The Kentucky Geological Survey mourns the loss of life and injuries resulting from the Saturday morning landslide in rural Snohomish County, Washington. The event serves as a reminder that other parts of the country, including Kentucky, have similar threats. The incident in Washington state, reported to cover about a square mile, occurred as a result of recent heavy rains that saturated the ground. Kentucky has also been affected by landslides, though most of them are not as large or devastating as the Washington state slide.
The Kentucky Geological Survey at the University of Kentucky is compiling a landslide inventory database to better document the distribution and geologic context of Kentucky’s landslides."The purpose of the database is to provide users easy access to landslide information, raise awareness of landslide causes, and avoid property damage or injury," says Matt Crawford, who maintains the database at the Survey."Landslides are more likely to occur in areas of existing slides, because the rocks and soil are already weakened, although the style and rate of movement may be different."
Knowing landslide locations and their relationship to geologic properties (bedding, mineral composition, porosity, slope, thickness, strength, etc.) can mitigate potential problems associated with construction of roads, foundations, and bridges, and contribute to overall practical hillslope development.
"Landslide" is a broad term referring to the downslope movement of rock, soil, or both under the influence of gravity. The type of material in a landslide and its style of movement influences decisions needed for hazard mitigation and risk reduction. The majority of landslides in Kentucky occur within colluvial soils or along the soil-bedrock contact. Colluvial soils are formed by weathering and erosion of rock and soil accompanied by downslope movement by gravity. When disturbed or loaded, by heavy rainfall saturating a slope, for example, these soils are susceptible to landslides.
The Greater Cincinnati and northern Kentucky area and eastern Kentucky are particularly susceptible to landslides. These areas have steep slopes, easily weathered rock types, and locally thick, weak soils. When combined with several triggers such as intense rainfall, water-level change, or modification of slopes by humans, landslides can occur. Crawford and others at KGS have visited multiple landslide sites to assess them and help local governments with long-term solutions.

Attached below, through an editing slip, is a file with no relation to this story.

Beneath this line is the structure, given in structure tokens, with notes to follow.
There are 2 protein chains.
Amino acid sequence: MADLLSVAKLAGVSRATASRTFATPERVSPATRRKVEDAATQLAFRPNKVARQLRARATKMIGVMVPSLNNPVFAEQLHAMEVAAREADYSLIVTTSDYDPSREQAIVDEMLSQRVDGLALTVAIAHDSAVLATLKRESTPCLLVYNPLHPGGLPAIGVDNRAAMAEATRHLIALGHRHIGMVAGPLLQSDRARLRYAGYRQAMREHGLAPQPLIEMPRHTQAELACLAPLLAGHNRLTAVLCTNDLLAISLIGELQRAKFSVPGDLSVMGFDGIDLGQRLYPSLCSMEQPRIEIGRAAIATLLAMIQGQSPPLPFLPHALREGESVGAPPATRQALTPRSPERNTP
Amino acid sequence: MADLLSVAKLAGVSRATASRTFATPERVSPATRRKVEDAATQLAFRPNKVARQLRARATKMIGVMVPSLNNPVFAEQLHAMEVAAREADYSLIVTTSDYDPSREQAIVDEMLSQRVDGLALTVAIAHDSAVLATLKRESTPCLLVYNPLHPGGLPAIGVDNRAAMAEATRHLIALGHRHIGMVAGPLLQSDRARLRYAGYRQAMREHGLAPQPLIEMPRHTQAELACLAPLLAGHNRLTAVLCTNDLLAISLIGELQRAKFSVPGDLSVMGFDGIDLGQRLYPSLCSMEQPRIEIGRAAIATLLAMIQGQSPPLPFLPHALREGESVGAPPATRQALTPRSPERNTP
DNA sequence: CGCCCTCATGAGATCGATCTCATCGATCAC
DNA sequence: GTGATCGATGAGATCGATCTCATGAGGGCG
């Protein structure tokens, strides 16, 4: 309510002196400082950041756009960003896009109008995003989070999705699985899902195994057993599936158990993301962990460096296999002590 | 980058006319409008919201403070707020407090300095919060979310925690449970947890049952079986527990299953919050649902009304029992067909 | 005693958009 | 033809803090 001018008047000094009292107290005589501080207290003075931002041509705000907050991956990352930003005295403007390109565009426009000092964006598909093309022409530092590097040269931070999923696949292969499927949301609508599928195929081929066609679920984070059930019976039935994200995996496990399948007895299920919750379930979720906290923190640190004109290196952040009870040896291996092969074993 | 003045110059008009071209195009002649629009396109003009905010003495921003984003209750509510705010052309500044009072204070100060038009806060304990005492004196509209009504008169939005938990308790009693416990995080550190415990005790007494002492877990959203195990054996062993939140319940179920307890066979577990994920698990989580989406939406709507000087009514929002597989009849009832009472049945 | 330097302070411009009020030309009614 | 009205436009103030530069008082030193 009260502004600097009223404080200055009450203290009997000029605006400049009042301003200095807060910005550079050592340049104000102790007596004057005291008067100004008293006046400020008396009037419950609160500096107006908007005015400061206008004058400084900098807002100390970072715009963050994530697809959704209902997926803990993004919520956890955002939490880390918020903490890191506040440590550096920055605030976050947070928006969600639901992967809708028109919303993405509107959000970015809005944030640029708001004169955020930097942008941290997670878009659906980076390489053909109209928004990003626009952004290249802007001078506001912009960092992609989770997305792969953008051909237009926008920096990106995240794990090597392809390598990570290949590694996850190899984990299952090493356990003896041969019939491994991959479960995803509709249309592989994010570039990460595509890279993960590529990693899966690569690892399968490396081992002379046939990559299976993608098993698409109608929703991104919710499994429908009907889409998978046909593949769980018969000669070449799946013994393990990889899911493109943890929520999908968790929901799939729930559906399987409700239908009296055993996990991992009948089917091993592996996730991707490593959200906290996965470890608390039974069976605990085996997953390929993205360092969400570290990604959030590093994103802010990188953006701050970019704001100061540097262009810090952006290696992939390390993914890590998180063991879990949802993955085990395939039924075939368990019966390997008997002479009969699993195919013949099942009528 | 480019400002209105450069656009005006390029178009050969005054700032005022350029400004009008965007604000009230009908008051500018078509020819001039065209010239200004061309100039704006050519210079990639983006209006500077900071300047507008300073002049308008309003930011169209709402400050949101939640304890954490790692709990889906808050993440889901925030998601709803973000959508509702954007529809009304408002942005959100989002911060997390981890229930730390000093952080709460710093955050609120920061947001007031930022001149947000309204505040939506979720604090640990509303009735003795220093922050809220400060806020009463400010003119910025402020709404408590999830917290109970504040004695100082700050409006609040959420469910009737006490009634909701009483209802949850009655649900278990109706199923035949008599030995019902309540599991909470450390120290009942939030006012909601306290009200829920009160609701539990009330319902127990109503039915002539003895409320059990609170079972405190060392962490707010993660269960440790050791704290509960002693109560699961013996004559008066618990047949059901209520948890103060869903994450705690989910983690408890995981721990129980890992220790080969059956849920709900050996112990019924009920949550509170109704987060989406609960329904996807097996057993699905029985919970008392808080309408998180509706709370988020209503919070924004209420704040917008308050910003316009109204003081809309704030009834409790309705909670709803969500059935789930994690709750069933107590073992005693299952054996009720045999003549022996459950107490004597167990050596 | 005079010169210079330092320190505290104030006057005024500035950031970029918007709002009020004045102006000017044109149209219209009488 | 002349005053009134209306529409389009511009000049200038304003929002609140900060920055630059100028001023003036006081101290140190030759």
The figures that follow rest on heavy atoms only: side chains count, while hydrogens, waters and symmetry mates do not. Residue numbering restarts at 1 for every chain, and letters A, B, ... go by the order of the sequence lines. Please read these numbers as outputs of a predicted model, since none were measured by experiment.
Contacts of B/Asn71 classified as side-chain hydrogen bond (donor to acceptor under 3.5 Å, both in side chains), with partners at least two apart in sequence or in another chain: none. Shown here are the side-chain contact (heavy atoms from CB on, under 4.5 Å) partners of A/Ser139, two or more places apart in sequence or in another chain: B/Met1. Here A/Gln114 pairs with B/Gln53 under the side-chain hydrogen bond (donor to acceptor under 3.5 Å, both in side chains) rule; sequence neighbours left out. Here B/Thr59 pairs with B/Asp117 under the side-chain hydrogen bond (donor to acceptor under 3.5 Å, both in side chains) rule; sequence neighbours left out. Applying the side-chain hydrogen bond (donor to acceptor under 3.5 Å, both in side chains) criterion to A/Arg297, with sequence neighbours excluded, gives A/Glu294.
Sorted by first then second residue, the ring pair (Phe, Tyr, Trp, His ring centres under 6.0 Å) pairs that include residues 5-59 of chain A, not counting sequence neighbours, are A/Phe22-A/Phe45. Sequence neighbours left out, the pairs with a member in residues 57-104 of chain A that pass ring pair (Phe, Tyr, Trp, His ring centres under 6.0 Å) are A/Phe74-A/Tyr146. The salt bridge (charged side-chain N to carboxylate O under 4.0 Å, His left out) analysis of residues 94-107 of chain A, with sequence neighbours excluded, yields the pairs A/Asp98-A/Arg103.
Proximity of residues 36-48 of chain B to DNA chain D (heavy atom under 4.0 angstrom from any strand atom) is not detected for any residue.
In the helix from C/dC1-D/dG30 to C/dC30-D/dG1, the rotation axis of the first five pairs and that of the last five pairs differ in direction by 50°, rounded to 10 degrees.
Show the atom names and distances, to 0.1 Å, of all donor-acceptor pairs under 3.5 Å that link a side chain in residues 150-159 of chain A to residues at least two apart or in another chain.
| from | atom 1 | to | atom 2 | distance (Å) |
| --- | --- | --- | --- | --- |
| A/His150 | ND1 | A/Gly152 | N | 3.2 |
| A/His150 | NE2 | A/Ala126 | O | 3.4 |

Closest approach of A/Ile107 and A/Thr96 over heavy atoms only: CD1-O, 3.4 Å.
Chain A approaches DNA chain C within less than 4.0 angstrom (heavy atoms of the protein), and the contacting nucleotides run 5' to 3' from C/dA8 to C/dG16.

Local governments and regional planning agencies have requested his help with assessing damaging incidents in Lawrence and Boyd Counties, where homeowners have been forced to move out after sudden movement of the ground undermined their homes. Crawford has monitored a landslide in rural Boyd County, where a home has been abandoned. He used soil sampling and instruments to determine groundwater levels, the speed of the ground movement, and the depth and shape of the sliding groundmass at the site.
In addition to the landslide inventory and site assessments, a study correlating highway maintenance-cost data for landslides and rockfalls to geologic units has been recently completed by another KGS researcher. Seven years of Kentucky Transportation Cabinet data were analyzed to determine the geologic and geographic context of slides and falls that cost $37.4 million in repairs. Bethany Overfield found that not all geologic units have an equal likelihood for these hazards. According to Overfield, repair-cost analysis highlighted geologic units that were the most costly to maintain and most frequently repaired. This analysis provides transportation engineers and planners with a predictive tool for better assessing future roadway construction and budgets.
KGS has resources available to help people find out more about landslides in this region. Information, photos, and a KGS fact sheet are available at this www.uky.edu/KGS/geologichazards/landslide.htm.
The KGS landslide database was used to create an online landslide information map that shows locations of known landslides and areas susceptible to landslides in a geologic and geomorphic context. It can be seen at https://kgs.uky.edu/kygeode/geomap/?layoutid=25#.
The Survey partnered with the geological surveys of Indiana and Ohio, as well as the University of Cincinnati Geology Department, to produce a detailed pamphlet about the region’s landslide conditions. Duke Energy provided funding to print"Landslides and Your Property" in 2013. Folded, ready-to-use paper copies are available from the KGS Public Information Center on the UK campus for $4 each. They may be ordered by calling (859) 257-3896 or toll free at (877) 778-7827 and asking for publication 17740. A low-resolution version of the publication can also be viewed at kgs.uky.edu/kgsweb/olops/pub/kgs/LandslidesBrochure.pdf.
In 2011, heavy rainfall triggered a sudden mudslide in Campbell County, seriously damaging a condominium.
Bethany Overfield inspects a slide next to a road in Clay County.
A rural road that needed repairs as a result of a landslide.
Material from this large slide in Perry County in eastern Kentucky blocked a road at its base.